Different forms of movement come with different schools of thought, something that will occupy me for the rest of my life. In my attempt to get my head around some of these concepts, I reached out to the wonderful Olga Metzner, who has extensive experience of movement. Everything from high competition and high impact sports (swimming, tennis, kickboxing and HIIT) to more controlled and conscious movement/embodiment such as Tango, Pilates, Animal Flow, and Rock Climbing (and to be added very soon to be list are Release, and the Feldenkrais Method). You may be forgiven to think she uses her body as a machine (she hates that term) but instead, think as using the body purposefully (she loves this term).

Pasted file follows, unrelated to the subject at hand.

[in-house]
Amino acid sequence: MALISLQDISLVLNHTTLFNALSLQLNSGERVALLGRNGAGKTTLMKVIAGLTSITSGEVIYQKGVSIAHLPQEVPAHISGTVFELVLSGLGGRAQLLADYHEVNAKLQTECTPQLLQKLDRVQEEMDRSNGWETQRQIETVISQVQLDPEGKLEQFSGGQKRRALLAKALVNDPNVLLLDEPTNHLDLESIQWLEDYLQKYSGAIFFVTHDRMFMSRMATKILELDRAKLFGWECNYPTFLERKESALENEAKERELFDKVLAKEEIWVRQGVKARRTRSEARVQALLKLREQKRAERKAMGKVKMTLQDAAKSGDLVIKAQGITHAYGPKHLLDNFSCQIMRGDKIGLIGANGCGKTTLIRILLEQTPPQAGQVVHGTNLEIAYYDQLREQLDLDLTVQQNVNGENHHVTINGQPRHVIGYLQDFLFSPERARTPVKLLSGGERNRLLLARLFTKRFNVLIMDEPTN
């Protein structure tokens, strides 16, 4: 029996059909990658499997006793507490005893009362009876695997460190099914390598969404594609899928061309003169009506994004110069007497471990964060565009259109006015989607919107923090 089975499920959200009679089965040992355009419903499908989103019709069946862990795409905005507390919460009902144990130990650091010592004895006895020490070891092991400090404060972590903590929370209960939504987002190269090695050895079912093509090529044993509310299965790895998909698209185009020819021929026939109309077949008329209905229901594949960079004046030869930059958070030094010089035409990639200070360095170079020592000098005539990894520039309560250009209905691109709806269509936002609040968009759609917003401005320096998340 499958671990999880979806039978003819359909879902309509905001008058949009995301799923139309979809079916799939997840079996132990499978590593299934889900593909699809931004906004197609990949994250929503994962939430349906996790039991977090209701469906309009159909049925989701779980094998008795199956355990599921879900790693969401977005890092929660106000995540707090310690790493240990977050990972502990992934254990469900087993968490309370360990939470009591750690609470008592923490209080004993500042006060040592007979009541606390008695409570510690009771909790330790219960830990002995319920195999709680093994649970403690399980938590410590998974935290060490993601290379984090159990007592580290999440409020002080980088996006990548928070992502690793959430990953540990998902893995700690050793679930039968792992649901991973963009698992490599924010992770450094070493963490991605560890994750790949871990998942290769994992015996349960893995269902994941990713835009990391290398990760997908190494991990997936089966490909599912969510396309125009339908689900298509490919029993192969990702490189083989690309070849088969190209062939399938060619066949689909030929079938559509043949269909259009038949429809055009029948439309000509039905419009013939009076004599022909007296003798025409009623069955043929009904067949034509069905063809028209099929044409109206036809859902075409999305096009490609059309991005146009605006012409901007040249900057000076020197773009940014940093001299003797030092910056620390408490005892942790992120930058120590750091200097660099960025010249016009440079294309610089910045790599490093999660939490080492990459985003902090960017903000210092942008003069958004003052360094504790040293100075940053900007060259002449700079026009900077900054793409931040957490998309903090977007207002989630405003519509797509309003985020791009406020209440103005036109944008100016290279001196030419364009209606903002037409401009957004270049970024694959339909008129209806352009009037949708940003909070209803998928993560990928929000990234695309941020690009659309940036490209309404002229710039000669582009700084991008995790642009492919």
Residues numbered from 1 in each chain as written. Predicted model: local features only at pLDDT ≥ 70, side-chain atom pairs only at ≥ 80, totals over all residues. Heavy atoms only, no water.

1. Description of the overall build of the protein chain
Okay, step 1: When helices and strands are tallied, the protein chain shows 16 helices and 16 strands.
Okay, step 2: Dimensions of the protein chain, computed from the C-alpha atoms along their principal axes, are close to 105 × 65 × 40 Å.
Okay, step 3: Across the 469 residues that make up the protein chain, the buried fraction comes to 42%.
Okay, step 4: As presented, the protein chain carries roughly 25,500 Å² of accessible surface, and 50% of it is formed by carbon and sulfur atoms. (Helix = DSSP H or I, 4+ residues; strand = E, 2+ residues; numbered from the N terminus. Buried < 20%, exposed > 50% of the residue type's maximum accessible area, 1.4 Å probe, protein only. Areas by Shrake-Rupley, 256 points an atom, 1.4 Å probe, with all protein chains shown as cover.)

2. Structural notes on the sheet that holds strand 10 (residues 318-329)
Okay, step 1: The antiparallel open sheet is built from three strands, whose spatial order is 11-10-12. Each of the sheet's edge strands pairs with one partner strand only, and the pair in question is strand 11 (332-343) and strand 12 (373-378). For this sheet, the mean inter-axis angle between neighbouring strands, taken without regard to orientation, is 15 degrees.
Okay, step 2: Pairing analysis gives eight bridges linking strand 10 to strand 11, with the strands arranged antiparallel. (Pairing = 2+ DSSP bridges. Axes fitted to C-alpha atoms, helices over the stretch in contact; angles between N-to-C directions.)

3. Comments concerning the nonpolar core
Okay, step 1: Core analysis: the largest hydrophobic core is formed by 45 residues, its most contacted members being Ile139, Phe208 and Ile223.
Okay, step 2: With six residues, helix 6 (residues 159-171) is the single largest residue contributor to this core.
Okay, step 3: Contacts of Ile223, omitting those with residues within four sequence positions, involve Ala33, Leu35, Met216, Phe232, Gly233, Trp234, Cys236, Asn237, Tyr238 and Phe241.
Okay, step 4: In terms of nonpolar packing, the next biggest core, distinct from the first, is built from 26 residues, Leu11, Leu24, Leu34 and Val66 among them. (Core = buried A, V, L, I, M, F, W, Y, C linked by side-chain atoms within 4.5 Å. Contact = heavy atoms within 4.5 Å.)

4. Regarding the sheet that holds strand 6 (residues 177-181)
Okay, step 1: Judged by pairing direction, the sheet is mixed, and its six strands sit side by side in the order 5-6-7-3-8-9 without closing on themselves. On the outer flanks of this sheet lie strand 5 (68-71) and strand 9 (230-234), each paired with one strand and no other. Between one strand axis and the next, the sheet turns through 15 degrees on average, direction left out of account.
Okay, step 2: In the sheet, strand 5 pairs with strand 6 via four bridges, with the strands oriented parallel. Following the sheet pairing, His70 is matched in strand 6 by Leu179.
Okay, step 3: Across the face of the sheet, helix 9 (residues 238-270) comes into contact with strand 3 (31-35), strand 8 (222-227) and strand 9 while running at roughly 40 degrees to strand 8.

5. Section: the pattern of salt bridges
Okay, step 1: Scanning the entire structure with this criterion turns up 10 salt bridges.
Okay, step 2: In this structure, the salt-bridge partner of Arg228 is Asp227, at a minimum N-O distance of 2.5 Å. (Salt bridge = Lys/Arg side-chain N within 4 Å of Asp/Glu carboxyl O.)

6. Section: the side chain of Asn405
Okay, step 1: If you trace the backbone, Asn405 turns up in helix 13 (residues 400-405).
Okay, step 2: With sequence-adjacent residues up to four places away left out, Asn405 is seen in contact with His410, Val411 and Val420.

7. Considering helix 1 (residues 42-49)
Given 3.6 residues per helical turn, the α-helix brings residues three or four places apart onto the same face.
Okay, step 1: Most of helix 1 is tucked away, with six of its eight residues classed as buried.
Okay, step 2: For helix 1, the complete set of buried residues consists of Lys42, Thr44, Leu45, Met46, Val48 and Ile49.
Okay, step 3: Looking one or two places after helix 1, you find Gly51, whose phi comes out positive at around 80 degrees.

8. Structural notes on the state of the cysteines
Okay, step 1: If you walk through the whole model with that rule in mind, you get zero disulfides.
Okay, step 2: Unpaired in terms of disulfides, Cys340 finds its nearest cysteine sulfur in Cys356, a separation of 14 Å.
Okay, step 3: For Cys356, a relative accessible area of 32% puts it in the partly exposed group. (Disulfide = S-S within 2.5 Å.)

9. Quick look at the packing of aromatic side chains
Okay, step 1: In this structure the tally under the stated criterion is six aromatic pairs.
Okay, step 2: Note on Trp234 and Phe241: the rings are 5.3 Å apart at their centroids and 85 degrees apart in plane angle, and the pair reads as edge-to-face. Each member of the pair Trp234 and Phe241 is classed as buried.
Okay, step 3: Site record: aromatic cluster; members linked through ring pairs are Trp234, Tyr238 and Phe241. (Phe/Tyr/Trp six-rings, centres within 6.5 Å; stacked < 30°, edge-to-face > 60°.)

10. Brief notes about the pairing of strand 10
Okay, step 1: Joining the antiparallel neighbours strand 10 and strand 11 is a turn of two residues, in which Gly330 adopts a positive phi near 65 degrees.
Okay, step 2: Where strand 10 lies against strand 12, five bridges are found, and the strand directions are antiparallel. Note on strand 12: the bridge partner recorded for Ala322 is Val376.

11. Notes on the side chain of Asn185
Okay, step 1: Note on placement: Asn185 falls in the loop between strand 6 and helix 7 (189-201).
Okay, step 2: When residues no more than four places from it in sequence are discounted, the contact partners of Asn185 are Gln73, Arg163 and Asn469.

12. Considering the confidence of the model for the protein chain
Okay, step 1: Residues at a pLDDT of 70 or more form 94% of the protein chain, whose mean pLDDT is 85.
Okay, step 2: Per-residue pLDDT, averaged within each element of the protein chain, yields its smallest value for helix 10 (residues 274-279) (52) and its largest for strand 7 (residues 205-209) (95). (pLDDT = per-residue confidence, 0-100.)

Her introduction to movement started at a young age due to necessity, but it quickly grew to be part of her identity. A self-declared forever student, Olga was a great interviewee and inspiration. Listening to her speak about “intelligent movement” (work with the body, not against it), the trinity (body, mind and emotions) and how the “body is a monument to humanity” – all of which leads us to a better understanding of ourselves by understanding our bodies. Olga said something during our chat that reminded me of a Pina Bausch’s quote, “I’m not interested in how people move but what moves them”, i.e. what is it about a movement that makes people compelled to do it? It is a learnt movement or is it the surfacing of emotions? Olga is interested in that and shows an earnest desire to better understand the body (her continuous interest in gaining knowledge from the several disciplines encountered along the years is a sure testament to her commitment, which I find inspiring). “I see it as a long corridor with doors” is how she described this passion for knowledge, and through each of these doors is a different facet to each of us that is waiting to be explored. As you peruse at the entrance of your chosen door, it will test your limits: you can push past them (go all in and you will find your breaking point), expand them (grow beyond your comfort zone: like an elastic band – flexible –  but if you let go of it, it will return to its original size and so will your comfort zone), or be fluid (combines elements of the two previous states: constantly pushing within reasonable force, expanding them, learning from it, resting and picking it from where you last left).